|dc.description.abstract||There is a belief that successful sportsmen and women can act as powerful
motivational role models for young people (Armour and Duncombe, 2012). In line
with this theory there is much research to suggest the importance of sport when
tackling physical inactivity and health-related issues such as obesity, diabetes,
and heart disease (Foster, 2000; Pate et al., 1995; Tremblay & Williams, 2000;
World Health Assembly, 2002). With this extensive research in mind, it is
reasonable to explore the importance and impact of role models within a
community setting. Furthermore, there is reason to suggest that a role model can
take both the form of an elite sportsperson or otherwise (Bandura, 1965;
MacCallum and Beltman, 2002; Payne et al. 2003 and more) as long as they have
the ability to influence an audience (Lines, 2010). This study looks at the
importance of role models within community sport development and begins to
understand the difference between an elite sports role model or otherwise.
As a desk-based study this research looks at existing literature surrounding
this field of study to find that there is sufficient evidence to suggest that role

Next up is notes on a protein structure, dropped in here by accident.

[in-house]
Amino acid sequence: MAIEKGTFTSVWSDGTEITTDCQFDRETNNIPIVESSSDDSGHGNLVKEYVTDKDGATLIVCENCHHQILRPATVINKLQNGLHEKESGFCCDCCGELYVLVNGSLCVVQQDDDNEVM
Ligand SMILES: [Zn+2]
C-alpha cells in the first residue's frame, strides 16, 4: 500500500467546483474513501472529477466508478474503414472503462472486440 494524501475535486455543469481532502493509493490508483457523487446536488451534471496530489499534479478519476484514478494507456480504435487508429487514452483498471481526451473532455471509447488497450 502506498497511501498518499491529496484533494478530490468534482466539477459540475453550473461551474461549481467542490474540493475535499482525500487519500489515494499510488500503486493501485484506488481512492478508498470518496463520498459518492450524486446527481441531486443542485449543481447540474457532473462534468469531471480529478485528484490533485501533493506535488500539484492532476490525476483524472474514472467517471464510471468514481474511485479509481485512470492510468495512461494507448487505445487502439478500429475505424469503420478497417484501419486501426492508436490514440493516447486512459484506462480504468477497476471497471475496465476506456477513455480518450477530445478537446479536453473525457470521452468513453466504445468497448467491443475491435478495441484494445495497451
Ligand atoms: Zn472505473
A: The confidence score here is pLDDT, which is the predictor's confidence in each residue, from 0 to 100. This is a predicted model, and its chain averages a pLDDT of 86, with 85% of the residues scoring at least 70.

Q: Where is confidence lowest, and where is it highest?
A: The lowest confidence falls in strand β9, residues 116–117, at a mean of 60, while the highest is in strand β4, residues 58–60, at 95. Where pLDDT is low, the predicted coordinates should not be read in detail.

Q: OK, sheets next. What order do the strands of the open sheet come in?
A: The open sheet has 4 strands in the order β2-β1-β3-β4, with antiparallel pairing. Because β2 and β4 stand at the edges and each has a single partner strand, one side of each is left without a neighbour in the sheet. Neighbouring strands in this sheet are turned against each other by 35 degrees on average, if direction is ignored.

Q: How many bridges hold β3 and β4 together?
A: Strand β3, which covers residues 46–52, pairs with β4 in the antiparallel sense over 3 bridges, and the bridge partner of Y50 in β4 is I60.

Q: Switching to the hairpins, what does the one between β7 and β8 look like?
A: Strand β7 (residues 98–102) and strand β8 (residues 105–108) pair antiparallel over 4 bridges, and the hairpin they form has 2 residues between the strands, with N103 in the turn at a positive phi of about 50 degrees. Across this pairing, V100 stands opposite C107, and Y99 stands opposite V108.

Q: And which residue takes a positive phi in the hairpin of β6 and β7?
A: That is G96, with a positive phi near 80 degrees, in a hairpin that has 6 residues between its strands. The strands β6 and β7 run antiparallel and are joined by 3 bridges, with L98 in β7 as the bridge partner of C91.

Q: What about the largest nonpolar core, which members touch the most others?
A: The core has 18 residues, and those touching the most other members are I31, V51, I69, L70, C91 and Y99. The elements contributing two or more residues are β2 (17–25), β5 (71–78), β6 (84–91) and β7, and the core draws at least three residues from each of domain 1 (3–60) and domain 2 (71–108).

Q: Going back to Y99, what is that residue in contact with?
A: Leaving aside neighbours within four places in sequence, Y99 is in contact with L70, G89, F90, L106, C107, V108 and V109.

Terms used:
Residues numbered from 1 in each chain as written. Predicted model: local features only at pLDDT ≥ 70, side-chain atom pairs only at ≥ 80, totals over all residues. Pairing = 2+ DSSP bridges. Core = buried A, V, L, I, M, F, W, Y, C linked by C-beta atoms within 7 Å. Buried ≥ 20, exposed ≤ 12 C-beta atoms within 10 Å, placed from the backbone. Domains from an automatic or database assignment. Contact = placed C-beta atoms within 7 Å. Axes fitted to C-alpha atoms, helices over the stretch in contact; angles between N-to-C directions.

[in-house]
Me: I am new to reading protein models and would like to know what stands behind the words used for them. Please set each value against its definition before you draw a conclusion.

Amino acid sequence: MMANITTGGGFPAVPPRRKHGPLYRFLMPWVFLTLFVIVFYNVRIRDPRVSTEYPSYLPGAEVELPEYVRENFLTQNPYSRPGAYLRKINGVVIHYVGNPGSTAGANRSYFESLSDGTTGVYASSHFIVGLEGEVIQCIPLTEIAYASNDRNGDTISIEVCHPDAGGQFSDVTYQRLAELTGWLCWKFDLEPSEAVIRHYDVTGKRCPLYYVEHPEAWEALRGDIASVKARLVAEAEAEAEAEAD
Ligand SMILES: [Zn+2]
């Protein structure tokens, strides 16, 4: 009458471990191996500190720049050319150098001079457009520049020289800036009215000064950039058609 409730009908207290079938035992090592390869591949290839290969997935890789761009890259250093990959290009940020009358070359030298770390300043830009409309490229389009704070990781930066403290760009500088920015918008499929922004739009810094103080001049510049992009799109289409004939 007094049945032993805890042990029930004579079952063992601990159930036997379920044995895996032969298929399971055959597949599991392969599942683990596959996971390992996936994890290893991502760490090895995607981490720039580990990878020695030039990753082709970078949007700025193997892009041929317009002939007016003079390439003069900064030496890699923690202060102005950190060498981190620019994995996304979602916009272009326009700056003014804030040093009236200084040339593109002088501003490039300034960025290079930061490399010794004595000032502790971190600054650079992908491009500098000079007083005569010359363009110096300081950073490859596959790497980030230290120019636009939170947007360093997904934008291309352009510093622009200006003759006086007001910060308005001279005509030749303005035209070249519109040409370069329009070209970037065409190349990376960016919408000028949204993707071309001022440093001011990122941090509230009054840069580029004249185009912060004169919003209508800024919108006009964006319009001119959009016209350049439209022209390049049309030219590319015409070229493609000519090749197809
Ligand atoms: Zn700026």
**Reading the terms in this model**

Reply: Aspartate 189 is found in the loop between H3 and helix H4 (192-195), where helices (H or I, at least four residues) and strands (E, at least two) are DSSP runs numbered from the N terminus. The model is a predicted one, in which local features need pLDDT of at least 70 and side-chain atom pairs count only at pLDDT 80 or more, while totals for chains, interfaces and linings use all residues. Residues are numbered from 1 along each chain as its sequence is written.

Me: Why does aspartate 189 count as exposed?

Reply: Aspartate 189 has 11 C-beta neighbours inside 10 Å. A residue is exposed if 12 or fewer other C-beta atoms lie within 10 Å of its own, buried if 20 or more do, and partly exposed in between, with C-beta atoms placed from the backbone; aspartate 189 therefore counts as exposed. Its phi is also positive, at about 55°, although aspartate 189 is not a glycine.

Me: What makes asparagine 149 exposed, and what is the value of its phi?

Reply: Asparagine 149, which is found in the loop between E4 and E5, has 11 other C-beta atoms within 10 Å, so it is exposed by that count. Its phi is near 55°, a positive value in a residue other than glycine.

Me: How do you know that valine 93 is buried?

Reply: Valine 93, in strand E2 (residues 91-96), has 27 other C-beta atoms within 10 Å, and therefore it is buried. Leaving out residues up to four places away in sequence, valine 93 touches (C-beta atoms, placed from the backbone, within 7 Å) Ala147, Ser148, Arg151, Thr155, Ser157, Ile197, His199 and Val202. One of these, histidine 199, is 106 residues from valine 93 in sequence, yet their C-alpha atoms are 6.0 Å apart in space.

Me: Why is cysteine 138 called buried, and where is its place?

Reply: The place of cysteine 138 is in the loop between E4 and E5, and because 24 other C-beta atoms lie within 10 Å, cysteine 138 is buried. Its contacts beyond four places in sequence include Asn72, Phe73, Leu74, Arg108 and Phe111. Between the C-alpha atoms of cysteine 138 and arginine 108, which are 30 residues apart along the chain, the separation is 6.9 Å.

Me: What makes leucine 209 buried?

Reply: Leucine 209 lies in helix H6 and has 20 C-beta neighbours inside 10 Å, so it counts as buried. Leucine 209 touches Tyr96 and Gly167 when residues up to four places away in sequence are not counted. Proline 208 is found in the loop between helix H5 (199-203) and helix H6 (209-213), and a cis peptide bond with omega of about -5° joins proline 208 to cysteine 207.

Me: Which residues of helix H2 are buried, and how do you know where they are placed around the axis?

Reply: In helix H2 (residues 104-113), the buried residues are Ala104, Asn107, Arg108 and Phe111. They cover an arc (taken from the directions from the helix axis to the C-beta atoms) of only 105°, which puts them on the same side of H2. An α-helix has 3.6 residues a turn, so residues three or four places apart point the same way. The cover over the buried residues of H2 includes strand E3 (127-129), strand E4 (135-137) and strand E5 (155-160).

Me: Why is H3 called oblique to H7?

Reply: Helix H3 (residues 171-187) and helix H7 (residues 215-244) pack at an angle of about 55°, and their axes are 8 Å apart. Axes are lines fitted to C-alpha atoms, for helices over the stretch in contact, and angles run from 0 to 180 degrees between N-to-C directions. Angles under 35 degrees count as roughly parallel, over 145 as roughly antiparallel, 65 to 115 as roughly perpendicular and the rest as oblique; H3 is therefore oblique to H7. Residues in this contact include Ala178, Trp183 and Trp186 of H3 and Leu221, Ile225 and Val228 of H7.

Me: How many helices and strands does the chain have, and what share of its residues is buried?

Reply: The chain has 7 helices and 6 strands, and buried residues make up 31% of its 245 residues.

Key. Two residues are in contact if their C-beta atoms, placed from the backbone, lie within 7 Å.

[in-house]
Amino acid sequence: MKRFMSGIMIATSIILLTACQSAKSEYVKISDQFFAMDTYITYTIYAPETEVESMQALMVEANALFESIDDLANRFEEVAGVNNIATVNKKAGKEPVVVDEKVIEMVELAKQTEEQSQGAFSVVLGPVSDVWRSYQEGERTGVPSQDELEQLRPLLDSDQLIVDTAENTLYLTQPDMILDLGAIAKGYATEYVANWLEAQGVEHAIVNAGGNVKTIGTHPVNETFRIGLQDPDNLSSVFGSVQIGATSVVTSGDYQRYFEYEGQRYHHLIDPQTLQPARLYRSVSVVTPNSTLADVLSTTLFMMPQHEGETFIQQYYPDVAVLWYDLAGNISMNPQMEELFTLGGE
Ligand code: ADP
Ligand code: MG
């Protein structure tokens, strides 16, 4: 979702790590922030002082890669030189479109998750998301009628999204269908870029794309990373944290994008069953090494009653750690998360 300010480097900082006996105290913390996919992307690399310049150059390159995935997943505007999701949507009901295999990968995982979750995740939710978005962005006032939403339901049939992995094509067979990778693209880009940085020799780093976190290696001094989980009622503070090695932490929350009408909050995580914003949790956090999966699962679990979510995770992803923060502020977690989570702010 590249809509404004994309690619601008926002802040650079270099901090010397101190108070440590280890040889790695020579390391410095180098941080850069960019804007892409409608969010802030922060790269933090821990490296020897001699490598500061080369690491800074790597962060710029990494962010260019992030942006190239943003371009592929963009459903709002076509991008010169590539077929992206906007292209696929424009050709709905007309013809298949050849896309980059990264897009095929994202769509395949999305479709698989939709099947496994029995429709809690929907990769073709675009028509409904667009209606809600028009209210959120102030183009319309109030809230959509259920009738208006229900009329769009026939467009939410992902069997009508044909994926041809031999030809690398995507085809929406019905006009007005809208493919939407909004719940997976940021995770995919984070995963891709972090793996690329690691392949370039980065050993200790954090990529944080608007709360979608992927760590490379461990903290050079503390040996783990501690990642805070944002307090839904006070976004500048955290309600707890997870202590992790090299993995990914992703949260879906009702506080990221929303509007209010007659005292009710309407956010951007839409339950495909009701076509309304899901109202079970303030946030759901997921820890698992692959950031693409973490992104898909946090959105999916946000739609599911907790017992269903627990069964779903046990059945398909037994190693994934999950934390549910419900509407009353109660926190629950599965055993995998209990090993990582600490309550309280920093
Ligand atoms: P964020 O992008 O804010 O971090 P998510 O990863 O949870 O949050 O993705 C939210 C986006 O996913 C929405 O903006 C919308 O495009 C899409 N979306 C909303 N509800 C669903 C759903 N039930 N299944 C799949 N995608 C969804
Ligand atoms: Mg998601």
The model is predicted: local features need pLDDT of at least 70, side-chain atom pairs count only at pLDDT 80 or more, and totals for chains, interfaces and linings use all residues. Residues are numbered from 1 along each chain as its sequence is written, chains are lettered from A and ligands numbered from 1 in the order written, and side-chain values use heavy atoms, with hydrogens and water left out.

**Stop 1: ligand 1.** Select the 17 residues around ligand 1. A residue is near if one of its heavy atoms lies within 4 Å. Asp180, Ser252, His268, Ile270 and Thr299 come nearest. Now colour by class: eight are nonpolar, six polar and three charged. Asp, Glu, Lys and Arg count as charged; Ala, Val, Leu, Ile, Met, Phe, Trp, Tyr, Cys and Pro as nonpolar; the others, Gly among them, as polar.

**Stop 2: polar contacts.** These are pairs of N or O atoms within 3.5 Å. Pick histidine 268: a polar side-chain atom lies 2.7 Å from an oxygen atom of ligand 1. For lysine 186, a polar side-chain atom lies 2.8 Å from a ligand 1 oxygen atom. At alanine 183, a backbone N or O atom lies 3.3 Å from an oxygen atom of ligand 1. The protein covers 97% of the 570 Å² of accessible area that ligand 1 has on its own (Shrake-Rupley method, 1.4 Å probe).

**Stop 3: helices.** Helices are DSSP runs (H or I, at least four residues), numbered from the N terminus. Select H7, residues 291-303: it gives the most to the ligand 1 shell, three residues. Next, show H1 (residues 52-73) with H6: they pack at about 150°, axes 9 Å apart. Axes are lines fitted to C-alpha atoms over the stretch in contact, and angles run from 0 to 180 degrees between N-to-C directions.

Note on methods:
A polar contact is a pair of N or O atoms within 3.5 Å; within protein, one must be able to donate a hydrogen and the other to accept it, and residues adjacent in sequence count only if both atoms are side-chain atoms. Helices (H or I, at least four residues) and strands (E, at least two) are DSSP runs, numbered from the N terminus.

models within the community are key to motivate and influence an audience
(Biskup and Pfister, 1999; Martin and Bush, 2000 and Brown et al. 2003).
Furthermore, it was found that constant provision of a sustainable role model is
more important than finding someone elite or subsequently with celebrity status
(Payne et al, 2003 and MacCallum and Beltman, 2008).
This research would suggest that elite role models are important sport
promotional tools (Green and Houlihan, 2005), although community development
is largely reliant on influential, relatable and reliable (Bandura, 1965) characters
elite or otherwise to combat the earlier stated physical inactivity and health-related